The following script uses the replace() method of the String instance to match a name in the format first last and output it in the format last, first. In the replacement text, the script uses $1 and $2 to indicate the results of the corresponding matching parentheses in the regular expression pattern.

var re = /(\w+)\s(\w+)/;
var str = 'John Smith';
var newstr = str.replace(re, '$2, $1');
console.log(newstr);

This displays "Smith, John".

Using regular expression to split lines with different line endings/ends of line/line breaks

The default line ending varies depending on the platform (Unix, Windows, etc.). The line splitting provided in this example works on all platforms.

var text = 'Some text\nAnd some more\r\nAnd yet\rThis is the end';
var lines = text.split(/\r\n|\r|\n/);
console.log(lines); // logs [ 'Some text', 'And some more', 'And yet', 'This is the end' ]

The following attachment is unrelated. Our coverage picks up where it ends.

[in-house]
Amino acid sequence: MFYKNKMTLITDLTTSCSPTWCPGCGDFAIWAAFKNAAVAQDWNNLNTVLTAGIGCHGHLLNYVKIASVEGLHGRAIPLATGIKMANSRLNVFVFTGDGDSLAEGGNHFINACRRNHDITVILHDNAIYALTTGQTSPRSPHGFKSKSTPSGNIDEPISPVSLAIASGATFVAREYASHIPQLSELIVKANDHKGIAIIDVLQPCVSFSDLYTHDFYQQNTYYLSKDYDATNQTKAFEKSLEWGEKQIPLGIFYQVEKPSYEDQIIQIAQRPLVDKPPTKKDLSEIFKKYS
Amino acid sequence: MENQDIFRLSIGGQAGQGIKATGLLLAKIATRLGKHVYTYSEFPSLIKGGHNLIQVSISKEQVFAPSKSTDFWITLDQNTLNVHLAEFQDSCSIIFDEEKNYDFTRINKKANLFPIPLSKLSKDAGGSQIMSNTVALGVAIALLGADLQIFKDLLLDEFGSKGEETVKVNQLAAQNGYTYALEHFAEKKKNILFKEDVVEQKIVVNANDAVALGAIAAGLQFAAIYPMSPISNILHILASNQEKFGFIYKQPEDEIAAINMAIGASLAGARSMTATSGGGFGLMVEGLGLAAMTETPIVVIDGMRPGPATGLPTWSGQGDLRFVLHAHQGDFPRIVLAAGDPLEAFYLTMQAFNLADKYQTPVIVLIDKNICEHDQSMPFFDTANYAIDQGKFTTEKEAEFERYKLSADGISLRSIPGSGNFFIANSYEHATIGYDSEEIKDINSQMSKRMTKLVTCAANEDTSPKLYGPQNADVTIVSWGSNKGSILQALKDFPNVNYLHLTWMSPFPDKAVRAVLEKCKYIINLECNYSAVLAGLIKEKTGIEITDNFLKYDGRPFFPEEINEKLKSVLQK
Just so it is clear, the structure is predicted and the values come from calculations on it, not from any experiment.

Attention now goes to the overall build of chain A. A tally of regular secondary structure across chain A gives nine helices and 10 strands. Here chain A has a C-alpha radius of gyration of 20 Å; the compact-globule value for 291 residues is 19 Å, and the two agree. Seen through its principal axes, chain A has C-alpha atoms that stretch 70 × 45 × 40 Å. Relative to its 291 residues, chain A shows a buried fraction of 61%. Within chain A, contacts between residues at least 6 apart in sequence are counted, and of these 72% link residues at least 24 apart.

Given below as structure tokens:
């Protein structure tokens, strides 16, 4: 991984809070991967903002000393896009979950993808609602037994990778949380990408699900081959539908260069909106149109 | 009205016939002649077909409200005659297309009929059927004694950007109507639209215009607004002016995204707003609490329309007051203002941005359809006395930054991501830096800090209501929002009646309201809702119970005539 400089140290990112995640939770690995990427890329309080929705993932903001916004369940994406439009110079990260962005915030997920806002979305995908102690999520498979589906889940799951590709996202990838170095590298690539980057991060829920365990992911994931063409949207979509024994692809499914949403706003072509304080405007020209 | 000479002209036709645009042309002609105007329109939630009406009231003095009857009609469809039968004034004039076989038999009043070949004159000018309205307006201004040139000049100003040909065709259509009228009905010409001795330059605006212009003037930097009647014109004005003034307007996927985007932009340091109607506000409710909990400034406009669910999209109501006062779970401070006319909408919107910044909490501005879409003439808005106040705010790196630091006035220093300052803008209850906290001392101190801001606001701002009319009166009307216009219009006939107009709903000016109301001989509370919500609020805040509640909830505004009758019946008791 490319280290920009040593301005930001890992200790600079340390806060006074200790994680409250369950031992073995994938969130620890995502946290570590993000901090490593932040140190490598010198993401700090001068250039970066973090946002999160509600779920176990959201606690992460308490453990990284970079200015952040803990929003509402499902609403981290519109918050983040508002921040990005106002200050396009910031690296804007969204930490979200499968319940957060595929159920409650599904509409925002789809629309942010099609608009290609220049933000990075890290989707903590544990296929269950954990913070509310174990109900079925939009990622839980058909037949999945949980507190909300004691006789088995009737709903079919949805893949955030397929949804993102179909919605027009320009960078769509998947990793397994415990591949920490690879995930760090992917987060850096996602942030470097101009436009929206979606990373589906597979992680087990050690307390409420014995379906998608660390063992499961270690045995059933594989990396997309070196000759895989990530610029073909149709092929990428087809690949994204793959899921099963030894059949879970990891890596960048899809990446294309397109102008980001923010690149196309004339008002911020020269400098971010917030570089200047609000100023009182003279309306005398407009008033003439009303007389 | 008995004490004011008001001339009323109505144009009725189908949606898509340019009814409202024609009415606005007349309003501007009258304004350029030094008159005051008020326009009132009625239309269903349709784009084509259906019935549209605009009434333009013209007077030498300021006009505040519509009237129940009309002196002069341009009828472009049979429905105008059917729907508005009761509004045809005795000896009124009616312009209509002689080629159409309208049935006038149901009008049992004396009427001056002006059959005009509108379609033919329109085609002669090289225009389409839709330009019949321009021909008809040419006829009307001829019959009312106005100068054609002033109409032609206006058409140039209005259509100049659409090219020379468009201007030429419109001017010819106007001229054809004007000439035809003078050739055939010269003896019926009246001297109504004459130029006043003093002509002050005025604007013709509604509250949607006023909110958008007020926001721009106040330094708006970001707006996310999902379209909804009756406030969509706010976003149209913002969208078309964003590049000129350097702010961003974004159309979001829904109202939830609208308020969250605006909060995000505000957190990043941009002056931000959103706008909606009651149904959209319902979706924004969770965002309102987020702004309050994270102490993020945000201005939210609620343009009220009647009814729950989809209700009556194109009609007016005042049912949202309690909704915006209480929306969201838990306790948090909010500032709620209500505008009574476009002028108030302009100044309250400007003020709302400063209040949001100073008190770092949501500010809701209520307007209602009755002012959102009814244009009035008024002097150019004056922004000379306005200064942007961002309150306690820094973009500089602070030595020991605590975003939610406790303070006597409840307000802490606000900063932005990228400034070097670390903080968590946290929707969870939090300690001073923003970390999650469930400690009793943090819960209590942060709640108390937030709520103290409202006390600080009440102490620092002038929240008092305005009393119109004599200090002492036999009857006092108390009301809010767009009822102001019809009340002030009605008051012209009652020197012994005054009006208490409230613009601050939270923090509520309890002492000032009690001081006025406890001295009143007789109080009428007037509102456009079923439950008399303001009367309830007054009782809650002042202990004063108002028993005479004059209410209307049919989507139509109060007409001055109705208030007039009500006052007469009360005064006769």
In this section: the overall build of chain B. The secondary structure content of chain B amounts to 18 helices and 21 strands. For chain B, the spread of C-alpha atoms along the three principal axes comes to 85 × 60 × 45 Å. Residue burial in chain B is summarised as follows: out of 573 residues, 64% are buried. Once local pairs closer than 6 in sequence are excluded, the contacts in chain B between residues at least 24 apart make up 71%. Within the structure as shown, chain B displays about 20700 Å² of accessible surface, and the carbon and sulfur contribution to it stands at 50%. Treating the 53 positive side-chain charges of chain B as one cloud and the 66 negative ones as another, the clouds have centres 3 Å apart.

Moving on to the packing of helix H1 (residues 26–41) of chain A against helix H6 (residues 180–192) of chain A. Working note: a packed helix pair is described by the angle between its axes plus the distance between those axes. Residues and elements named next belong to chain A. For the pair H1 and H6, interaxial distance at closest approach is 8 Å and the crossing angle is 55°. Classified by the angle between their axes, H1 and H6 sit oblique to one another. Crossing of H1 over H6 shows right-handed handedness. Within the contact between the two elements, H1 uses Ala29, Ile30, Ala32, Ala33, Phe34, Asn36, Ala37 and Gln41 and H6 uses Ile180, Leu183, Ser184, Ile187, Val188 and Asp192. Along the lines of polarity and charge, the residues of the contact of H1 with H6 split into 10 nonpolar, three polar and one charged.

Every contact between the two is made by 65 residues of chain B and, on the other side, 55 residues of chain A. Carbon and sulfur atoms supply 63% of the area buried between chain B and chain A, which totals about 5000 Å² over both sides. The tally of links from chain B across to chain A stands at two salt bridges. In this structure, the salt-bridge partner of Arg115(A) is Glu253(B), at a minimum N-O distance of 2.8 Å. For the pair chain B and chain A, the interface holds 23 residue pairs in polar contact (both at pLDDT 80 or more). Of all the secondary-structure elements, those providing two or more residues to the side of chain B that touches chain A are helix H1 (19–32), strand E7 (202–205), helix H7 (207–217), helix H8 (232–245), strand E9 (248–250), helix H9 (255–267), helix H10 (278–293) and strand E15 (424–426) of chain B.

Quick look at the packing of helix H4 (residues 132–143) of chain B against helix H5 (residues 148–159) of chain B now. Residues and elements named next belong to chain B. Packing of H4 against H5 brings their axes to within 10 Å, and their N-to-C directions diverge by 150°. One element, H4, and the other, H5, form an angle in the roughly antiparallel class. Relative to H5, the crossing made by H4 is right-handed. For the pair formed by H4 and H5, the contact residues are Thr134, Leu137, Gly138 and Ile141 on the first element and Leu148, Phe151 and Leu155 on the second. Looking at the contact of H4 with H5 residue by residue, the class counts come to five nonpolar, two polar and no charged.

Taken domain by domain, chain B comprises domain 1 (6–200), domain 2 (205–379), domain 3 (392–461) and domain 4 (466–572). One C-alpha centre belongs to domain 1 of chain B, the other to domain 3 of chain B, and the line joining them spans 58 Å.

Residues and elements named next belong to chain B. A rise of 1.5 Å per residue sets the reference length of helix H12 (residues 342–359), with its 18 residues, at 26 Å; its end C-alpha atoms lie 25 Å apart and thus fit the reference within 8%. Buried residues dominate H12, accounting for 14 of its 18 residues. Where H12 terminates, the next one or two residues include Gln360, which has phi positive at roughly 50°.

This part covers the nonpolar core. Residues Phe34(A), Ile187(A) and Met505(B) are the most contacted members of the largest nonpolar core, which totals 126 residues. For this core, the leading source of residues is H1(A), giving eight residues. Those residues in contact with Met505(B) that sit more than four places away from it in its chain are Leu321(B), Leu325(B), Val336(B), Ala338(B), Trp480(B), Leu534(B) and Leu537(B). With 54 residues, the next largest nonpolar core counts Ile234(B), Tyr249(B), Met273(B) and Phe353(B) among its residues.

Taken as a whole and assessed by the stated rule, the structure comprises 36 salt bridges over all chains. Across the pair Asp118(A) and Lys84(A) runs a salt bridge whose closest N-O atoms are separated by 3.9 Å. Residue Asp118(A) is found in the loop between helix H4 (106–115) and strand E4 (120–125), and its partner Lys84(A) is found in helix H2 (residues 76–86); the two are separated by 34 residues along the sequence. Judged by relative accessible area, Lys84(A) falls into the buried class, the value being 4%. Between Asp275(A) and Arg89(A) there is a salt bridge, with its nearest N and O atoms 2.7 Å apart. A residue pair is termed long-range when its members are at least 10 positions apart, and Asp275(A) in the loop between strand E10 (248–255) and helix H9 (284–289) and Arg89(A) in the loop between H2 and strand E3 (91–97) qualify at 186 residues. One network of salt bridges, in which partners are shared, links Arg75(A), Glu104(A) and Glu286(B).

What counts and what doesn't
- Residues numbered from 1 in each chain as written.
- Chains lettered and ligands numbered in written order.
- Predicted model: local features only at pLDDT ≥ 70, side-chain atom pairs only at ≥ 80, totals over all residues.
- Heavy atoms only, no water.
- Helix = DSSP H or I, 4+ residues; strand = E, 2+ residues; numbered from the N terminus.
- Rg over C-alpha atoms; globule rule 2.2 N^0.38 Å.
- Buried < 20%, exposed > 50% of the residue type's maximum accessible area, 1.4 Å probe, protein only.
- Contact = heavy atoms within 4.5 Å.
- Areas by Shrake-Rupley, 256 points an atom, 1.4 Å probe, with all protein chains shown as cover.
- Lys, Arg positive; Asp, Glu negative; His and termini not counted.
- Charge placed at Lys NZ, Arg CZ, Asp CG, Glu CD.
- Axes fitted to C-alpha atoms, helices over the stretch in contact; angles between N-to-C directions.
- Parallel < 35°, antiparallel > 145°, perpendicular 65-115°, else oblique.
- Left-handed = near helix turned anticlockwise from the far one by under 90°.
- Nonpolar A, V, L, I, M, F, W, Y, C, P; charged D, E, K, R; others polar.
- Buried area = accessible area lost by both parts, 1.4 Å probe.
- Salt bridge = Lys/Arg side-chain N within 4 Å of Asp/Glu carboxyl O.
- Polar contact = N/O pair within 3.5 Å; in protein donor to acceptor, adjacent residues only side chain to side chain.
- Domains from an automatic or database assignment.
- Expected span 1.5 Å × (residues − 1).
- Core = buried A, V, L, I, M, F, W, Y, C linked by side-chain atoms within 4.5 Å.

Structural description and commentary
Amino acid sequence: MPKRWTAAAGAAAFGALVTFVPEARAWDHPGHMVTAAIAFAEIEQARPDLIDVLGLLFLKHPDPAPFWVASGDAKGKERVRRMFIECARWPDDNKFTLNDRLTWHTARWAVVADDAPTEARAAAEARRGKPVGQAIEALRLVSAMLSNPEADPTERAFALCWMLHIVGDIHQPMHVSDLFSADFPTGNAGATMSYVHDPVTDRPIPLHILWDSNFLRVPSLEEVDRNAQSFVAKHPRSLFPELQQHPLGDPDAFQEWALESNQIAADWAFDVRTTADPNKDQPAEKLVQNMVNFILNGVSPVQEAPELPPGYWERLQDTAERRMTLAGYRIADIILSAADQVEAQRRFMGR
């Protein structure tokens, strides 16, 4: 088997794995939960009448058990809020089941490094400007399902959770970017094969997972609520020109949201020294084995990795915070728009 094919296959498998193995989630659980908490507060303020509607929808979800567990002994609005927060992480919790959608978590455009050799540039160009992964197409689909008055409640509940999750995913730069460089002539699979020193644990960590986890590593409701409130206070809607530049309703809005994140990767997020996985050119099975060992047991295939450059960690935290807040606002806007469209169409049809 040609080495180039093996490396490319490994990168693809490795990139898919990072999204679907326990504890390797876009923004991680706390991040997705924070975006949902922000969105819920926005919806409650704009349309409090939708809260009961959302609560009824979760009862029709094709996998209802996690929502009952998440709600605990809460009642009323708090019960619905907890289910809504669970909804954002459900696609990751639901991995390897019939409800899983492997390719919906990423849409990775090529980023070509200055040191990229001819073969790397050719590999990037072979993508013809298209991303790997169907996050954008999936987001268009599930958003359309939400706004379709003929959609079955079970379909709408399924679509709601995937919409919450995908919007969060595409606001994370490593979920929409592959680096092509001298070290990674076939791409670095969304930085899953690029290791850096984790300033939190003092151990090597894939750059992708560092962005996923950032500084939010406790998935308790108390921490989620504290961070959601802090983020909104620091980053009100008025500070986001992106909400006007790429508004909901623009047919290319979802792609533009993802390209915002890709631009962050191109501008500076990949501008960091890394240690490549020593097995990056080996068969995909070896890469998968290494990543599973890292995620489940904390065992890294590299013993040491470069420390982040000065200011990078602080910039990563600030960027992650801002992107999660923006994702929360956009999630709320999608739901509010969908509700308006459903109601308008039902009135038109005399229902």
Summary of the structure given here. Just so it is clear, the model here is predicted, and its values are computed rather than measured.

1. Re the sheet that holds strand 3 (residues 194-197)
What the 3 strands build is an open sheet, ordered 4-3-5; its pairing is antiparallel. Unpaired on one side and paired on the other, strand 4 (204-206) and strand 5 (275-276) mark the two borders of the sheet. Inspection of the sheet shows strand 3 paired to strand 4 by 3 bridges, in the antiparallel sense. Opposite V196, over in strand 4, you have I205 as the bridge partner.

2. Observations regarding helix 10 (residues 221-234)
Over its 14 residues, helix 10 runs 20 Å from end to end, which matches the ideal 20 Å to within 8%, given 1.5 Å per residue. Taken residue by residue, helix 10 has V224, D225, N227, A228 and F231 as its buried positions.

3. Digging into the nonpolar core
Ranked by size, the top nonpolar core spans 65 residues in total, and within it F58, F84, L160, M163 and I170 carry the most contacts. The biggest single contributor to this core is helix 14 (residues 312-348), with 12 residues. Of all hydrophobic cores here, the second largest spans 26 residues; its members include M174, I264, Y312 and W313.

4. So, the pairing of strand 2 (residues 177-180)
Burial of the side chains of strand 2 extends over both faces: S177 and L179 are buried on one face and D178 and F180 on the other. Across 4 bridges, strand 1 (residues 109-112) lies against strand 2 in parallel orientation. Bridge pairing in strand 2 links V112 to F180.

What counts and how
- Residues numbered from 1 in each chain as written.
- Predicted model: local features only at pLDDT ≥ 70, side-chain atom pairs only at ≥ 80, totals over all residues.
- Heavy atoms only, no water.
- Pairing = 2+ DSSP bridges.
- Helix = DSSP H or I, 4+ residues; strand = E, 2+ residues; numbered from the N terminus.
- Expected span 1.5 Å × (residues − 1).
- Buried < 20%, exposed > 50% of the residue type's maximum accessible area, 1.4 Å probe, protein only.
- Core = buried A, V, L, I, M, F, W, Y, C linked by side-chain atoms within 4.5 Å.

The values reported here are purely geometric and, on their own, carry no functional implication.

Note that the order of the patterns in the regular expression matters.

Using regular expression on multiple lines

var s = 'Please yes\nmake my day!';
s.match(/yes.*day/);
// Returns null
s.match(/yes[^]*day/);
// Returns 'yes\nmake my day'

Using a regular expression with the "sticky" flag

This example demonstrates how one could use the sticky flag on regular expressions to match individual lines of multiline input.

var text = 'First line\nSecond line';
var regex = /(\S+) line\n?/y;

var match = regex.exec(text);
console.log(match[1]);        // logs 'First'
console.log(regex.lastIndex); // logs '11'

var match2 = regex.exec(text);
console.log(match2[1]);       // logs 'Second'
console.log(regex.lastIndex); // logs '22'

var match3 = regex.exec(text);
console.log(match3 === null); // logs 'true'